Friday 23 November 2012

Would you like to offer peer assessment on your course?

The following describes a pilot I ran of the Peer Assessment tool in LearnUCS on a lecture I provided for a Communication and Study Skills Module in School of Science, Technology & Health.

This was a single lecture, which included a formative assessment task. The task involved three short answer questions. In the past I have set the questions, collected the submissions, marked and feedback the work. However, I’ve always question the effectiveness of the learning activity and what do they do with the feedback. Especially, as this is a one-off piece of work, outside of their discipline context.

Therefore, this year I changed my approach and made this a peer assessed piece of work. The intention being if they marked other people’s work, they would (based on Race 2006)

  • practice softer skills, eg constructive criticism

  • learn from each other and place their own work

  • compare themselves with their peers

  • engage with the marking criteria

  • engage in deep learning eg evaluation

In the past I’d worried about the administrative workload aspect of peer assessment. However, with the Self & Peer Assessment Tool in LearnUCS, the administration has been reduced.

My observations of the process are;

  1. The technology is very straightforward.

  2. The system managed allowed me to enter the questions, publish the marking criteria for these questions, allow me to set the timings for the key stages (student submit their work, student marks peers work, student collects they marked work, grades are released through gradebook).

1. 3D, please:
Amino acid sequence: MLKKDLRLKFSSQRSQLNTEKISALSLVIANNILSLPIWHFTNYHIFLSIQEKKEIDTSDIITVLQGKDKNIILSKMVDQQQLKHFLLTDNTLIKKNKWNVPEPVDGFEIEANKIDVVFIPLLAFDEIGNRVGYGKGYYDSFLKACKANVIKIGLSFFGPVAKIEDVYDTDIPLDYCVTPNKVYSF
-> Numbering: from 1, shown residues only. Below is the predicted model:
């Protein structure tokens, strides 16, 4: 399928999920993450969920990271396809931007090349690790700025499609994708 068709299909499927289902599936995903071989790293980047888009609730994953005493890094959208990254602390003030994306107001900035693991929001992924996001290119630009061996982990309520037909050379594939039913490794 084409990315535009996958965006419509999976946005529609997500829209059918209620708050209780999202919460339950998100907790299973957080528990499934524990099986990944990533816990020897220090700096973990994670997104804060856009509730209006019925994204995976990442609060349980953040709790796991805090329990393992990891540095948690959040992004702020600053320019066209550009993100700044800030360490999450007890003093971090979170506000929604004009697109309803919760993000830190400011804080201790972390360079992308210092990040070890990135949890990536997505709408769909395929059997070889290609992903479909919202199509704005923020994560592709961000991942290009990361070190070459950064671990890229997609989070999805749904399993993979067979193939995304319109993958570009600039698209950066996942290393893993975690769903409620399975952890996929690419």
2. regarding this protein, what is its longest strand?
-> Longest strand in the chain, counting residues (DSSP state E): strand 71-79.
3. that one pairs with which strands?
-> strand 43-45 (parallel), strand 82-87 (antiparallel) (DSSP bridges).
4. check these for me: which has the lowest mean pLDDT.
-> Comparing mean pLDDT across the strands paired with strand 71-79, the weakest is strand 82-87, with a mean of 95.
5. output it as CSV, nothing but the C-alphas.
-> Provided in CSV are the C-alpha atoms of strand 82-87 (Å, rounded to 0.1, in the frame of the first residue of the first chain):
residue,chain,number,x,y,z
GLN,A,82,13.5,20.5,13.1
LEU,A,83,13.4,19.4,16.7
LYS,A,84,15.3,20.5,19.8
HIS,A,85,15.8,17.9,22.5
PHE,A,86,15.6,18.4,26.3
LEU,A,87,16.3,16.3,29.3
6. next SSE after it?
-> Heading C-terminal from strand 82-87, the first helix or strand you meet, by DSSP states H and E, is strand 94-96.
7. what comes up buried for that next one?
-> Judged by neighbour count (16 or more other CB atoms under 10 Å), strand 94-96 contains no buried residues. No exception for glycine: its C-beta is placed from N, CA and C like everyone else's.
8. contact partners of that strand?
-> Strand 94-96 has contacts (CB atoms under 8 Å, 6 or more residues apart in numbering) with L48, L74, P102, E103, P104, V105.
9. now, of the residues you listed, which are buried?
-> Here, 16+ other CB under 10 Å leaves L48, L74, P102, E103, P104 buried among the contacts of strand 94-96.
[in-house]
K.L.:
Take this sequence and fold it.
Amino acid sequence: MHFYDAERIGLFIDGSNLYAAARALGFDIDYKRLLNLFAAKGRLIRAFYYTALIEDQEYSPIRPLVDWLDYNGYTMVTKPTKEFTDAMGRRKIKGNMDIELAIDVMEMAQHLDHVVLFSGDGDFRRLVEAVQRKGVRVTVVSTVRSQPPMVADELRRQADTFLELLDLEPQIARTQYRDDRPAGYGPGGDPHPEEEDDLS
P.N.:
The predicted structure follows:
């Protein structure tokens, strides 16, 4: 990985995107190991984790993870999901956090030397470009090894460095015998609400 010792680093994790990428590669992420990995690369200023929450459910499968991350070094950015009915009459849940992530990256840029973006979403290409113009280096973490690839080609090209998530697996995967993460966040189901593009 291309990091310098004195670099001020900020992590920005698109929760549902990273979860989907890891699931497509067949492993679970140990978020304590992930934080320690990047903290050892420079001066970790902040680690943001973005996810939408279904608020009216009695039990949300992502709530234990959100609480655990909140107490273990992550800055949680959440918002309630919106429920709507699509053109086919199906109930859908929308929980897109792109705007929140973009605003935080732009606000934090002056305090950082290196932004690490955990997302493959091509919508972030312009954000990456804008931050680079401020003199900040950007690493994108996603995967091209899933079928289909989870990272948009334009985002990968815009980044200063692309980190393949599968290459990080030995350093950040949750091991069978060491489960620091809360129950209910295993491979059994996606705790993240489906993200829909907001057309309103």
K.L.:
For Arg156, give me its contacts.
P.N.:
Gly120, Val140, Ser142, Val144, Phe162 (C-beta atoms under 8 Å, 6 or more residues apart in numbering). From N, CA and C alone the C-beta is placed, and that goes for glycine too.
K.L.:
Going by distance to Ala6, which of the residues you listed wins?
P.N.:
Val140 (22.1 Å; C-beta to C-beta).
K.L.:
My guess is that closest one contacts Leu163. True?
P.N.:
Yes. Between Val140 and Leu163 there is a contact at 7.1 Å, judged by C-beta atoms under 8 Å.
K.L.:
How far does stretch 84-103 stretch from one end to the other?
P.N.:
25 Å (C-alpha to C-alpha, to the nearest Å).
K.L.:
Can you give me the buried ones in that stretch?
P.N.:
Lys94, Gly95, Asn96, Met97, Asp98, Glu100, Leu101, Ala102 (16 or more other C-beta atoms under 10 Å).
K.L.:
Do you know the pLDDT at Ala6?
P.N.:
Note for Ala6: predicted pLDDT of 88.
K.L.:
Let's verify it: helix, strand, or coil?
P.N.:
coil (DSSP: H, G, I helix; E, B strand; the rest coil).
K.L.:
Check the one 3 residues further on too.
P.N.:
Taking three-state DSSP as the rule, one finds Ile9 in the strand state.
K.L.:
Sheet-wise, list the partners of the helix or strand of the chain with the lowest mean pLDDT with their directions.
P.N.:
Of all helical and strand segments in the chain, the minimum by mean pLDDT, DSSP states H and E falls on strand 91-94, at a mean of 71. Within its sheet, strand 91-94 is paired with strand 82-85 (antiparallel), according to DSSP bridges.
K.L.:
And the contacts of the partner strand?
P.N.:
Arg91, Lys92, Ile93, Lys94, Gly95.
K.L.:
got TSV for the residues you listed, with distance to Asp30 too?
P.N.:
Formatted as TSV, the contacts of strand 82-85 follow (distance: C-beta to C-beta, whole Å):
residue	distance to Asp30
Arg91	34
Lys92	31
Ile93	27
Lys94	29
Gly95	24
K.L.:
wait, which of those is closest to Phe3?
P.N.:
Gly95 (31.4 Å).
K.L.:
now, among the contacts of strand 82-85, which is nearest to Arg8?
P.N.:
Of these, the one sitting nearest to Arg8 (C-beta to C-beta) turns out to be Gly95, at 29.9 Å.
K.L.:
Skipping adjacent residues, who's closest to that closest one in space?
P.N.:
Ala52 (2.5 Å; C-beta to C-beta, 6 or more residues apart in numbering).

3. At all stages I could check who had been doing what, I could access the submissions, the evaluations and the results

  4. students didn’t seem to have a problem completing the process. Although a proportion must have been strategic, observed it was purely formative and didn’t complete it.

The following describes the broad process.


Create the Peer Assessment submission using the Self and Peer Assessment Tool, which is available within the assessment area. When you create this you need to consider a number of options, for instance; the submission period, the evaluation period, the number of scripts a student will need to mark, and if you’d like the feedback to be anonymous. When you add the individual questions, you can include a model answer steer which will be made available during the evaluation period. For each question you can add a number of marking criteria.

Create time in the lecture plan to allow students to engage with the marking criteria. I released part of my lecture as a video and set this as a pre-requiste to attending. This allowed me to deliver the core knowledge which I would apply in the session. It also created time in the face to face session to set a group activity around the marking criteria and marking some scripts.

Post lecture

The submission point was available and students submitted their work. When the evaluation stage started I announced this on my LearnUCS module, and released a video of marking a number of scripts against the marking criteria.

At the end of the evaluation period, the evaluated copies became available to students. Given this was a formative exercise I read the submissions and scanned the comments. Based on their submissions I drew together some generic feedback.